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5 signs the Cloud isn’t for your business

We've all heard it before, "The Cloud" is the future. "The Cloud" will save you money, protect your data, solve all your problems and will even do your laundry. "The Cloud" can do wonderful things for your application, your websites and your business. But this isn't always the case, not everyone fits into "The Cloud" and it isn't as simple as flipping a switch. Sometimes, cloud services don't make financial or business sense. We frequently run into companies that would move to cloud IT services but it doesn't make sense for them, here's some things to check for before you make the switch.

It can cost more

In theory, using cloud services should cost less. After all, you typically only pay for the resources you actually use. However this rate can be higher than if you were to just purchase and manage hardware yourself. If you have substantial CPU or storage needs often times the monthly cost is quite high. Cloud services work best when your systems and applications were designed to run on cloud services, and legacy systems often times use far more CPU or memory than you would expect. Sometimes applications actually run 24/7 even though they only "do work" for a few minutes each day, they are not optimized for cloud platforms.

Its not more secure

Just because your data is now hosted by a cloud provider doesn't mean that it is any more secure than if it were in a local colocation facility. It is still up to you to manage and protect your data. Due to the distributed nature of cloud environments where your virtual instances are running means that some traditional security methods don't apply and you need to learn to do things differently.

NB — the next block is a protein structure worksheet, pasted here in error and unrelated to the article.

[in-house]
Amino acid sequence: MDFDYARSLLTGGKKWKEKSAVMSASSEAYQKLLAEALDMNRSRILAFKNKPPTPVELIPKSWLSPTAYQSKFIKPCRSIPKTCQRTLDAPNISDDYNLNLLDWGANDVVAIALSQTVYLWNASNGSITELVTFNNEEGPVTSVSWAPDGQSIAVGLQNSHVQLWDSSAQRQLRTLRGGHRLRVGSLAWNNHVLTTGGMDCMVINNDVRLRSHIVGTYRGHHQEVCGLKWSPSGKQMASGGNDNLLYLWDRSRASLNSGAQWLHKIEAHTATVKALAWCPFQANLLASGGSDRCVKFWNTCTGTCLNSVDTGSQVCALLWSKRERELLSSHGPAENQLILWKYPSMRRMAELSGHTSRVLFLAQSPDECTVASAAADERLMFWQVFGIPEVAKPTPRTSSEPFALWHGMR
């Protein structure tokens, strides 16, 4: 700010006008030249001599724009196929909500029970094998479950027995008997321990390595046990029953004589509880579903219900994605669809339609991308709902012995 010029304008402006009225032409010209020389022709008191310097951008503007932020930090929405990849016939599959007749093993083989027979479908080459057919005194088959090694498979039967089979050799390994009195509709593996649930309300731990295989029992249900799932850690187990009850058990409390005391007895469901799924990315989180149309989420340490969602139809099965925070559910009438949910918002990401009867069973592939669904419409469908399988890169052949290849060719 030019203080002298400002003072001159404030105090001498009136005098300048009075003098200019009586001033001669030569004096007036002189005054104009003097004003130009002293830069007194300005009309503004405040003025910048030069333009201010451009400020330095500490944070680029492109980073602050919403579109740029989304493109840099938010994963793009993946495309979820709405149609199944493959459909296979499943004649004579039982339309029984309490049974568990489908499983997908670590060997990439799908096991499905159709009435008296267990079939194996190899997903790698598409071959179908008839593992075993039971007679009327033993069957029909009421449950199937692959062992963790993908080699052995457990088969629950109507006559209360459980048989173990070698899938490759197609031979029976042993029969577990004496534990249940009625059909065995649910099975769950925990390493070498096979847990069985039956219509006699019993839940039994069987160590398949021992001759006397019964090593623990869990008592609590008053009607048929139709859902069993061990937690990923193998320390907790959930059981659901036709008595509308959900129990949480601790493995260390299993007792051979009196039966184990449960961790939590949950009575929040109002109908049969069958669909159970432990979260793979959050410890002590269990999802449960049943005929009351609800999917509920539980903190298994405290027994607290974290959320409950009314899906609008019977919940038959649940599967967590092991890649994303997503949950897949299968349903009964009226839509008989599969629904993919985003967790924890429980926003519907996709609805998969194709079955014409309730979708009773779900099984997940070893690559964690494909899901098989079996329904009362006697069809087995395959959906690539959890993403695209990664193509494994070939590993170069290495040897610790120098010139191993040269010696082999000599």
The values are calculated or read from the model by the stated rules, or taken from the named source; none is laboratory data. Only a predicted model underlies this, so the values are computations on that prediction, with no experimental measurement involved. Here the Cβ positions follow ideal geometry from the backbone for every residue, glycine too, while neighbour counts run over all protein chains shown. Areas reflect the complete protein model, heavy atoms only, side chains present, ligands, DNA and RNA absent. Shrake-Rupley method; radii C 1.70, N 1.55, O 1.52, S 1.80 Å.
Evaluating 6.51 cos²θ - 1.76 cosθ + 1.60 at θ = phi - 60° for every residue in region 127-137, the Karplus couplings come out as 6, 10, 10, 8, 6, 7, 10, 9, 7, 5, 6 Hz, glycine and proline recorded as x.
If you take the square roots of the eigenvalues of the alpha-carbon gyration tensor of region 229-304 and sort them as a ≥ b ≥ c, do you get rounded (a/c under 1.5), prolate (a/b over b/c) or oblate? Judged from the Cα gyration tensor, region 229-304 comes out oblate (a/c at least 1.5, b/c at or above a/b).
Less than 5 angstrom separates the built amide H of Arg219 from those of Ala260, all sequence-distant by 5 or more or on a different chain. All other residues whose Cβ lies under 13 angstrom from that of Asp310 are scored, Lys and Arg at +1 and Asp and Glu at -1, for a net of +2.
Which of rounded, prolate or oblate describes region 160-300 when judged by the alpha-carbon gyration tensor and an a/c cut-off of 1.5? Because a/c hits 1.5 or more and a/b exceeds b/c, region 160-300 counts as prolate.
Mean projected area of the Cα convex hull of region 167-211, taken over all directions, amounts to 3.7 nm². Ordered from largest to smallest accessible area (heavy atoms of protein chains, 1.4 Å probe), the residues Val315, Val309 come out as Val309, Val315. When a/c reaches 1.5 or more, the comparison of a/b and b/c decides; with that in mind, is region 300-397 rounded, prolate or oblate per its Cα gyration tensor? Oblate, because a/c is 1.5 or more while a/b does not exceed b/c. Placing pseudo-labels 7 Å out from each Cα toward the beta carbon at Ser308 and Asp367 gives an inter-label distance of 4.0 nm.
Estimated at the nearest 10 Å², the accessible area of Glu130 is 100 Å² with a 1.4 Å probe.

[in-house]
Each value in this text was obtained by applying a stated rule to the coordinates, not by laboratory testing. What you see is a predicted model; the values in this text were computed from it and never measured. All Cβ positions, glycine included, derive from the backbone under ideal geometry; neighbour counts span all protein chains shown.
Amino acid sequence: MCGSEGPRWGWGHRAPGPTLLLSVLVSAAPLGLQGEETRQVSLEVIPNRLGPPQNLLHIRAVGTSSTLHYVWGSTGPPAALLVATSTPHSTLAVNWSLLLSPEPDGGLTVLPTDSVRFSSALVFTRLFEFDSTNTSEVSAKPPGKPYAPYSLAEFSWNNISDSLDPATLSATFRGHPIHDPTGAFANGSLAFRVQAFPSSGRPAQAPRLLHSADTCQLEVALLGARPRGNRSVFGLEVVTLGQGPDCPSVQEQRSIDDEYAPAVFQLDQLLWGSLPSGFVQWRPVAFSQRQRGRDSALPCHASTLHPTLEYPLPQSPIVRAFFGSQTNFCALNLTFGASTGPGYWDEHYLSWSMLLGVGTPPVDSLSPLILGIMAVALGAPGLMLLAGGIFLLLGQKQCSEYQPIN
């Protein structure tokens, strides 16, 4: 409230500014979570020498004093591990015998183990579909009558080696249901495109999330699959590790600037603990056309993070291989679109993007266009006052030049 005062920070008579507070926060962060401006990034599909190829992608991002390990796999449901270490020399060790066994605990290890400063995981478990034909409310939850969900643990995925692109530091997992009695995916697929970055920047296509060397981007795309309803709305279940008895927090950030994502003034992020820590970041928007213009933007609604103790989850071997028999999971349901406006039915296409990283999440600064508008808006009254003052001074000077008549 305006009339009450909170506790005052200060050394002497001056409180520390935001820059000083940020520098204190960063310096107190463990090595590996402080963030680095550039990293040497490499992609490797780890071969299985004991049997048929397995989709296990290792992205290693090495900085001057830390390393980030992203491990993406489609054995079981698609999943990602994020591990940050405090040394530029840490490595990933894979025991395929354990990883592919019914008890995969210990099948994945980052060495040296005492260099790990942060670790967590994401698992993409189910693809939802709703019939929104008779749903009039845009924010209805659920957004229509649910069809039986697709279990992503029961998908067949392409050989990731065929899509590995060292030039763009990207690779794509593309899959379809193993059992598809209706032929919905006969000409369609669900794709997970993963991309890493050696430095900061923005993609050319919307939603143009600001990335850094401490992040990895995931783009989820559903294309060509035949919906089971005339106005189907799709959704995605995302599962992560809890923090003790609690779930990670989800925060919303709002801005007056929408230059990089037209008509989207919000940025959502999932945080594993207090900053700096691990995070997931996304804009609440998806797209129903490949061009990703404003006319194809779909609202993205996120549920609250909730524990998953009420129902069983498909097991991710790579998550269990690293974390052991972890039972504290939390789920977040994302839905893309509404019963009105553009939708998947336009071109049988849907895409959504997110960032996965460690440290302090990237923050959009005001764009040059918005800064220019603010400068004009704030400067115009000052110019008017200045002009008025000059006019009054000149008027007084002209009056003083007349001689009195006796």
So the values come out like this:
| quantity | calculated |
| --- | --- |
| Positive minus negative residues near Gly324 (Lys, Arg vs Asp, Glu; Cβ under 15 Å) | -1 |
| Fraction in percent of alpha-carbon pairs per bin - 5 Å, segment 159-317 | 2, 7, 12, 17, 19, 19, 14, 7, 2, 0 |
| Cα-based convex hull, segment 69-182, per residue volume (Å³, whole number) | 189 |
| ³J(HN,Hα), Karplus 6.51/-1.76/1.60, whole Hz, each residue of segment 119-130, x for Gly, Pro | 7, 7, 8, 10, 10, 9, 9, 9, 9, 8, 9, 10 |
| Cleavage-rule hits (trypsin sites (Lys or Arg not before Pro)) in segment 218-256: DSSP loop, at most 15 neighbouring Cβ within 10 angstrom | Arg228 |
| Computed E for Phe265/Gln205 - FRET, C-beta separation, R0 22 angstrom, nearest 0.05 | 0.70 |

No service level agreement

Most cloud companies don't offer any sort of SLA with any "bite" to it. I mean that if there is an outage or a problem they only offer a partial credit for the downtime. So if you are down for an entire day, they may only offer 1/30th off your monthly bill! That sort of service level agreement is worthless in my opinion! Some smaller cloud providers don't have high-availability environments, meaning that your virtual instances can be offline for a very long time if there is an emergency or outage.

You need to migrate your data

Although many cloud service providers claim to offer "one size fits all" solutions, the reality is that they do not. You still have to migrate your data and applications yourself. Legacy systems must be understood and documented fully to ensure they work properly after migration. It is still up to you to make sure your services work, cloud companies have a habit of handing things off before they are really ready based on my past experiences. Not to mention that if you don't have a fast and reliable internet connection in your office you will frequently have issues accessing that data.

Regulatory requirements

Some businesses have regulatory requirements that prevent them from putting data on a cloud provider or prevent them from running outside of the country. If you have government requirements or "special" data you need to check first!

For more information

For more information about moving to cloud environments and to see how RDAIT can help you to make the switch (or not), fill out the contact form to the right or give us a call today!

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